A different kind of Darwish takes the spotlight in Egypt
The media tells stories of social and political struggles: what happens, who is involved, and what comes of it. Wael Darwish's exhibition, which opened on 7 November at the Safarkhan Art Gallery, tells these stories too, using several layers of paint and photography collage to portray the deep, often neglected, human emotions that manifest in parallel to unfolding social and political events.
The paintings, full of vibrant colours, give a sense of happiness as one walks through the exhibition. Everything is bright, and calm emotions come over the viewer. However, as you take a deeper look, you get a glimpse of darkness, new shapes, and different figures.
"It's exactly like our lives," Wael Darwish said. "There is hope and colour in the process, but each person has a collection of secrets and things that they are hiding."
Despite the similarity in palette, each artwork is very unique. According to the artist, the paintings were created as separate works, and each colour, brush stroke and photograph has a meaning and intention behind it.
"I mix our social relationships, my thought processes and the representation of a dream that is complete, on its way to be completed or incomplete," he told Ahram Online.
The painting above is quite revolution-driven, but that is not the main thread of the exhibition. The artist adds chairs, policemen and darker shapes and colours to portray his own feelings on the uprising. Like many other artists, recent events have affected Darwish, and found their way into his work, whether it was intentional or not.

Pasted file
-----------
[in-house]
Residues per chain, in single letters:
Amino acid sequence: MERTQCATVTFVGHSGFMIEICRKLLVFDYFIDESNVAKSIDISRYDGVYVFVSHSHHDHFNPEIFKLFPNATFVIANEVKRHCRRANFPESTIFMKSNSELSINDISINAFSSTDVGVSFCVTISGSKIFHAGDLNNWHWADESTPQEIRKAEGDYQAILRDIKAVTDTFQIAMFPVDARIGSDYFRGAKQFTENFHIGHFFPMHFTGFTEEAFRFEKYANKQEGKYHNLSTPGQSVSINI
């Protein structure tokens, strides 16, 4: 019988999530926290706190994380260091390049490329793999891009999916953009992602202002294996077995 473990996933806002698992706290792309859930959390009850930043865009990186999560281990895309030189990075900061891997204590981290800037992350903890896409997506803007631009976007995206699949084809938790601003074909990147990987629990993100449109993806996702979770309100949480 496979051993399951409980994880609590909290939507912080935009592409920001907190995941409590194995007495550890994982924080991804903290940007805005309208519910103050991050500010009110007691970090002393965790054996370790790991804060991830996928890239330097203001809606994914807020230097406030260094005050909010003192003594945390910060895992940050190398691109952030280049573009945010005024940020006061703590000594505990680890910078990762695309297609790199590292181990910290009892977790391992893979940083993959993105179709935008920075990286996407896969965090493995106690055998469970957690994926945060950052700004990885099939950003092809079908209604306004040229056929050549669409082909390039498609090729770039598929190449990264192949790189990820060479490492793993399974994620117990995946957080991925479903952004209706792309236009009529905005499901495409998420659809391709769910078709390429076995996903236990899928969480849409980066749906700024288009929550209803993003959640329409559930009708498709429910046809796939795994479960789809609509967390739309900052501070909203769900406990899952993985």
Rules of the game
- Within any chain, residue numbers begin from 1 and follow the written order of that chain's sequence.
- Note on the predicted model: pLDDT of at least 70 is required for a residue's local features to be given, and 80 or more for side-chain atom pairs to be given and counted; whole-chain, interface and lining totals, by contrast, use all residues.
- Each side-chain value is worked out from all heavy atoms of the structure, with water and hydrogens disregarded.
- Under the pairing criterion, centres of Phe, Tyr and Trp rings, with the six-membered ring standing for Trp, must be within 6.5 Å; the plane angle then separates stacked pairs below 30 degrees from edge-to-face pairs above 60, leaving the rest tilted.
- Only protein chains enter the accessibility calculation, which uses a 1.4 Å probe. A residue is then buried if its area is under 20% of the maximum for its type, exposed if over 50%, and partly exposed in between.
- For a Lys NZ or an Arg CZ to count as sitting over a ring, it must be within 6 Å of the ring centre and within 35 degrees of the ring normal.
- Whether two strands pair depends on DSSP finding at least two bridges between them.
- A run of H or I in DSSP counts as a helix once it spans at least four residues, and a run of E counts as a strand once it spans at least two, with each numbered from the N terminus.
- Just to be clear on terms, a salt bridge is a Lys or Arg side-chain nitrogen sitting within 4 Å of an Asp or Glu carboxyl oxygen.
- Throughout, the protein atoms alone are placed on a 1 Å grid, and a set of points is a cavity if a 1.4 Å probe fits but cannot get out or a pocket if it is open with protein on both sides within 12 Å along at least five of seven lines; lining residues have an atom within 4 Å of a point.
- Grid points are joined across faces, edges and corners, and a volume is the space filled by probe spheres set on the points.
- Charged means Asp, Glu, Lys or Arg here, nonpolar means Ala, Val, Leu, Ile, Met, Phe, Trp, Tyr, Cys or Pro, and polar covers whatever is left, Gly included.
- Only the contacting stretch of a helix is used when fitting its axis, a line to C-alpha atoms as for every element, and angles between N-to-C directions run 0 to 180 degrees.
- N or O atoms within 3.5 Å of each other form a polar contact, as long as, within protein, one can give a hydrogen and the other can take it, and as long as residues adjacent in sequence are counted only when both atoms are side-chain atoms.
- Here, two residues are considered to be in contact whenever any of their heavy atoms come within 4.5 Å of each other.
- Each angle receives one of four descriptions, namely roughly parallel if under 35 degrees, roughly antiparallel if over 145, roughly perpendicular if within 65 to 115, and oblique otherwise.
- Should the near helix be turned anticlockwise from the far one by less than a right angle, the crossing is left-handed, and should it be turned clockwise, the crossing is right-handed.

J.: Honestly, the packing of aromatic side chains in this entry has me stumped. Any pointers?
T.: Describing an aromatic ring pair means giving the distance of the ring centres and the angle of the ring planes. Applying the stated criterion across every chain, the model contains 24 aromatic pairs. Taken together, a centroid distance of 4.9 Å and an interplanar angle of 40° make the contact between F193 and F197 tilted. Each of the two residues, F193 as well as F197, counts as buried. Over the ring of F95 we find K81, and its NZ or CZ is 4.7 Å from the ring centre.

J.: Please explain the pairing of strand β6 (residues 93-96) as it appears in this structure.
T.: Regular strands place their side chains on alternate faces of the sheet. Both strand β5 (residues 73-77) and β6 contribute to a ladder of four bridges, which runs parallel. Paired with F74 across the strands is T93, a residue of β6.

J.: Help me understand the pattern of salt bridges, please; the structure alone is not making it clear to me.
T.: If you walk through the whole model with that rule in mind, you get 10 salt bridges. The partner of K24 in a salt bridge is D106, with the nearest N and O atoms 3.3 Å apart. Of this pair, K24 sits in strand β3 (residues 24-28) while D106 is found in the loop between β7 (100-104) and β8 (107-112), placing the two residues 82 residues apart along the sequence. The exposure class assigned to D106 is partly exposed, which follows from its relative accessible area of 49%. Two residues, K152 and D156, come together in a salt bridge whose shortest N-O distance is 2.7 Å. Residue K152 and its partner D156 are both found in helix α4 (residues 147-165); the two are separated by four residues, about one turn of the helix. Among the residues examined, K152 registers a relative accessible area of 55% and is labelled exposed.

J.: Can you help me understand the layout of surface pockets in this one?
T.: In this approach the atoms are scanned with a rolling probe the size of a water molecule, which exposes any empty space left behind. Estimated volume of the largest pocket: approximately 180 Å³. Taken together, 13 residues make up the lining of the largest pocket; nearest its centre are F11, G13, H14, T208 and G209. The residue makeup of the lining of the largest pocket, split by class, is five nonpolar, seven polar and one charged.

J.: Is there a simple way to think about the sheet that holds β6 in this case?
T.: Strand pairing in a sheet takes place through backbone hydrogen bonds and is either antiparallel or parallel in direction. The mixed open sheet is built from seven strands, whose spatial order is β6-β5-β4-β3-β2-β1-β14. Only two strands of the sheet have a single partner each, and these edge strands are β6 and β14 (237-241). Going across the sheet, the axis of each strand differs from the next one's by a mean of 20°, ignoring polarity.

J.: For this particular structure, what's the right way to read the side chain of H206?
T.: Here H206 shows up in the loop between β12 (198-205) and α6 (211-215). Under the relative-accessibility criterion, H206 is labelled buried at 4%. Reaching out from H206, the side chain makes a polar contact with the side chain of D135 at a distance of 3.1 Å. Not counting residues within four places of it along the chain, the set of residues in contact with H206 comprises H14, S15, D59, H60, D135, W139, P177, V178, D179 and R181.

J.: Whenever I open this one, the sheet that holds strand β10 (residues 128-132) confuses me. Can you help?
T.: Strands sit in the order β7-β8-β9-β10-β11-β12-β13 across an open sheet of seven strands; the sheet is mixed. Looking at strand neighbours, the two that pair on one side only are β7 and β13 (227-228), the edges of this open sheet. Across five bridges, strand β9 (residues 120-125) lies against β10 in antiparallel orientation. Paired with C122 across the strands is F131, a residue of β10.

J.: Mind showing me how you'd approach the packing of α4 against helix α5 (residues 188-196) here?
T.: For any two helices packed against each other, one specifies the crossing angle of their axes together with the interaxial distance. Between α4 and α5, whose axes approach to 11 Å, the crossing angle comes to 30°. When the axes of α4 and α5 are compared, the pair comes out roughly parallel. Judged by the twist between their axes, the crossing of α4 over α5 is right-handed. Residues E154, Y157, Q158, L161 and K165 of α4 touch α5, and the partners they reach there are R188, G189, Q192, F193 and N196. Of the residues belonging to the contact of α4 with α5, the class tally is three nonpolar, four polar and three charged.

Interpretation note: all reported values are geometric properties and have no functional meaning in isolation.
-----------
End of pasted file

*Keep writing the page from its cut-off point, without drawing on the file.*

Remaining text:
"Well if all of this is happening, I can't exactly be painting flowers," Darwish joked.
The paintings portray the artist's own experience during recent events, from his own perspective and from that of others, and the complex layers of emotions that come with it. He uses several technical artistic touches to express these emotions, while giving viewers the chance to let the art work speak and use it to reflect on their own emotions.
"The lines of the paintings keep moving, representing a lack of stability and refers to the future that is unclear," Darwish said. "This is very similar to when anyone is asked about how they feel regarding the events or what will happen in the future, and the reply is always 'I don't know', no one can really find something tangible to hold on to," he explained.
The artist uses some recurring motifs in the paintings, such as locks and books which represent figures that will never be spoken of.
Born in 1975, Darwish uses mixed media to dive into themes such as identity, emotion, gender and freedom. The artist's body of work also includes installation and video art. Darwish has had his work exhibited in multiple venues in Egypt and abroad, and holds a PhD in contemporary painting philosophy.
'Vivid Memory' is ongoing until 30 November.
6 Brazil Street, Zamalek, Cairo
Opening hours: Monday - Saturday, 10am - 9pm